silk of the first chop
  4. A license or passport that has been sealed.
  5. A complete shipment.
    a chop of tea
Descendants edit
  • Cantonese: chop (cop1)
  • Macanese: chop

Verb edit

chop (third-person singular simple present chops, present participle chopping, simple past and past participle chopped)

  1. (transitive, colloquial, India, Hong Kong, Malaysia, Singapore, Brunei) To stamp or seal (a document); to mark, impress or otherwise place a design or symbol on paper or other material, usually, but not necessarily, to indicate authenticity. [from 19th c.]
  2. To seal a license or passport.

Derived terms edit

References edit

Etymology 5 edit

Shortening.

Noun edit

chop (plural chops)

  1. (Internet) An IRC channel operator.
    • 1996, Peter Ludlow, High Noon on the Electronic Frontier, page 404:
      IRC supports mechanisms for the enforcement of acceptable behaviour on IRC. Channel operators — "chanops" or "chops" — have access to the /kick command, which throws a specified user out of the given channel.
Synonyms edit

See also edit

Chinese edit

Alternative forms edit

Etymology edit

From English chop.

Pronunciation edit


Noun edit

chop

  1. (Hong Kong Cantonese) chop (stamp; seal) (Classifier: c)
    郵chop邮chop [Cantonese]  ―  jau4 cop1 [Jyutping]  ―  postal seal

Verb edit

chop

  1. (Hong Kong Cantonese) to stamp; to seal

Macanese edit

Alternative forms edit

Etymology edit

Borrowed from English chop, ultimately from Hindi छाप (chāp, stamp). Most likely also influenced by Cantonese chop. Sense 2 derives from the absent professor being recorded with a stamp, i.e. a chop, in a register.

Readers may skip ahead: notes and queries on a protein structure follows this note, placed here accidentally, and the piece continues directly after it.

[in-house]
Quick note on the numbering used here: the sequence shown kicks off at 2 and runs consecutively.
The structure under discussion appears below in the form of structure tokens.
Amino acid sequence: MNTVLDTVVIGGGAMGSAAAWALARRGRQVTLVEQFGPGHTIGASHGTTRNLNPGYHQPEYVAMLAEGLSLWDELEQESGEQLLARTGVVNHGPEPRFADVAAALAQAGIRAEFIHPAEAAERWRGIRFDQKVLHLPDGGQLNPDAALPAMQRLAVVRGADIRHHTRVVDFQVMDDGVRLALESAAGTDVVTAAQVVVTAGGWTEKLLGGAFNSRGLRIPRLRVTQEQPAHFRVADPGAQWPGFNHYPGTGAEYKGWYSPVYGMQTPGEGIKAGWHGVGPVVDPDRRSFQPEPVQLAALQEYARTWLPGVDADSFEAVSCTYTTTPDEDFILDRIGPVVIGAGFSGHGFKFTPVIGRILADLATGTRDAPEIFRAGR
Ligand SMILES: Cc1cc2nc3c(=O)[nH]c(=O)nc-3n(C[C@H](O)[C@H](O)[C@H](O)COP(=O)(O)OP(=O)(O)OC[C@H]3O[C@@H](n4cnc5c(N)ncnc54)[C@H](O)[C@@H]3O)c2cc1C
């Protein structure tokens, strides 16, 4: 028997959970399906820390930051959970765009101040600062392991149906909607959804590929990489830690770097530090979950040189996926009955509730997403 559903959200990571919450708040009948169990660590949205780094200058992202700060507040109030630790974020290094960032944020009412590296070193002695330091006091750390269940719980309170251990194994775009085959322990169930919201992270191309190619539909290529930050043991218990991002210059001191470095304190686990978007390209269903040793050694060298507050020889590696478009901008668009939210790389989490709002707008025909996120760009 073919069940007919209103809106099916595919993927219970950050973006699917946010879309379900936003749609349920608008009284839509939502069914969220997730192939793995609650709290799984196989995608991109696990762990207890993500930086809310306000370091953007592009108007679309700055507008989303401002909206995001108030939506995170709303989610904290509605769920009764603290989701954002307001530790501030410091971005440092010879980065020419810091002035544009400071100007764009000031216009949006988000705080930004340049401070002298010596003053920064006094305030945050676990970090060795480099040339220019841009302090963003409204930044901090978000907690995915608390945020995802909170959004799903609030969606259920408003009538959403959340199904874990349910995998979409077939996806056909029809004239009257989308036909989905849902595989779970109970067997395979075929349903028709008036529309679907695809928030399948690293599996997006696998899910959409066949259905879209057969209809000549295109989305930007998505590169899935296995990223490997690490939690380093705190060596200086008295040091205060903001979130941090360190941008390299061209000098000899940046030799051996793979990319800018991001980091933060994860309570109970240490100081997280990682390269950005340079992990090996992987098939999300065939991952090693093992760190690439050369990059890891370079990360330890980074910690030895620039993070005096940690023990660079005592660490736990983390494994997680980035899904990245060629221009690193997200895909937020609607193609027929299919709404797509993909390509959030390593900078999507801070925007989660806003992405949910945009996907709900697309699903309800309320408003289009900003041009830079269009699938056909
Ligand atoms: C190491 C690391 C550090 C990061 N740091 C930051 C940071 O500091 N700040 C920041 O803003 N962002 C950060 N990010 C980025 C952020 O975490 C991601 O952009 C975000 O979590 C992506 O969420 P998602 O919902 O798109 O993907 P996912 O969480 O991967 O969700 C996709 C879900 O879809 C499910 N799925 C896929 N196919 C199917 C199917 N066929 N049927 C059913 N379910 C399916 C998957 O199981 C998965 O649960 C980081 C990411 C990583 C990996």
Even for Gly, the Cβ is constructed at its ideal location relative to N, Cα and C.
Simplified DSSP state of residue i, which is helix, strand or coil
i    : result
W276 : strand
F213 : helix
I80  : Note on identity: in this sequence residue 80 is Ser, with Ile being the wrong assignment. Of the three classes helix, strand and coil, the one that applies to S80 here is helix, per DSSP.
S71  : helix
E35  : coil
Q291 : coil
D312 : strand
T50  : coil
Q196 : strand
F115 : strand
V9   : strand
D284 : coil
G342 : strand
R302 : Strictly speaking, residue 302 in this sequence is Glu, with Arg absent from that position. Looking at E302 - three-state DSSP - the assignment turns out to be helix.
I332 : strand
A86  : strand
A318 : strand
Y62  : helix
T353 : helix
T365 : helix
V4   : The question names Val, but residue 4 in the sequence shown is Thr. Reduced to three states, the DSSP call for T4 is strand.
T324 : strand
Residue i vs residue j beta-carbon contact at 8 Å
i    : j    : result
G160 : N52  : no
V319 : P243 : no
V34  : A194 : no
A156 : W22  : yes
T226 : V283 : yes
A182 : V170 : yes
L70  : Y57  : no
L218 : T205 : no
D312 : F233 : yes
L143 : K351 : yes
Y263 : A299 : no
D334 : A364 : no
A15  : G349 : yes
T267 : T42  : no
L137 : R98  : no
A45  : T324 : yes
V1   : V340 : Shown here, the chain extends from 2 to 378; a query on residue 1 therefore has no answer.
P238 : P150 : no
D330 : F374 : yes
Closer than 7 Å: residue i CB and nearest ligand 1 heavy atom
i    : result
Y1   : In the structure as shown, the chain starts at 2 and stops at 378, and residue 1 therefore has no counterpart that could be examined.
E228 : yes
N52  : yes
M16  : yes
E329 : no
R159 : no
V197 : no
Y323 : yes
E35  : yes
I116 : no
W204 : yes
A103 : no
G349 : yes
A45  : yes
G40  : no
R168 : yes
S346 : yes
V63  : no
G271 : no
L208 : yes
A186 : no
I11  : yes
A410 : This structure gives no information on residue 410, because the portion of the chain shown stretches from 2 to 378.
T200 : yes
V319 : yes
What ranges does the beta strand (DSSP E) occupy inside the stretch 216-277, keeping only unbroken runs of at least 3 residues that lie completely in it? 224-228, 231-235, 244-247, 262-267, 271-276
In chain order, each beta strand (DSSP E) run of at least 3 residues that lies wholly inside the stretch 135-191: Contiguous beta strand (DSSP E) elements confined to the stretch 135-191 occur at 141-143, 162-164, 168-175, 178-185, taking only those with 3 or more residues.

Noun edit

chop

  1. official licence
  2. (slang) an absent professor or teacher
    Hoje tivemos chope de matemática.
    Today we had an absent mathematics teacher.

Usage notes edit

  • The example sentence is in Portuguese; the construction in Macanese would more likely resemble hoze nôs têm chop di matemática.

References edit

Nigerian Pidgin edit

Etymology edit

(This etymology is missing or incomplete. Please add to it, or discuss it at the Etymology scriptorium.)

Verb edit

chop

  1. eat
  2. spend

Silesian edit

Alternative forms edit

Etymology edit

Inherited from Old Polish chłop.

Pronunciation edit

  • IPA(key): /ˈxɔp/
  • Rhymes: -ɔp
  • Syllabification: chop

Noun edit

chop m pers

  1. man, male
  2. husband
    Synonym: mōnż
  3. snowman
    Synonym: śniygulŏk

Declension edit

Further reading edit

  • chop_chlop in dykcjonorz.eu
  • chop in silling.org
  • Bogdan Kallus (2020), “chop”, in Słownik Gōrnoślōnskij Gŏdki, IV edition, Chorzów: Pro Loquela Silesiana, →ISBN, page 260
  • Aleksandra Wencel (2023), “chop”, in Dykcjůnôrz ślų̊sko-polski, page 114
  • Barbara Podgórska; Adam Podgóski (2008), “chop”, in Słownik gwar śląskich [A dictionary of Silesian lects], Katowice: Wydawnictwo KOS, →ISBN, page 55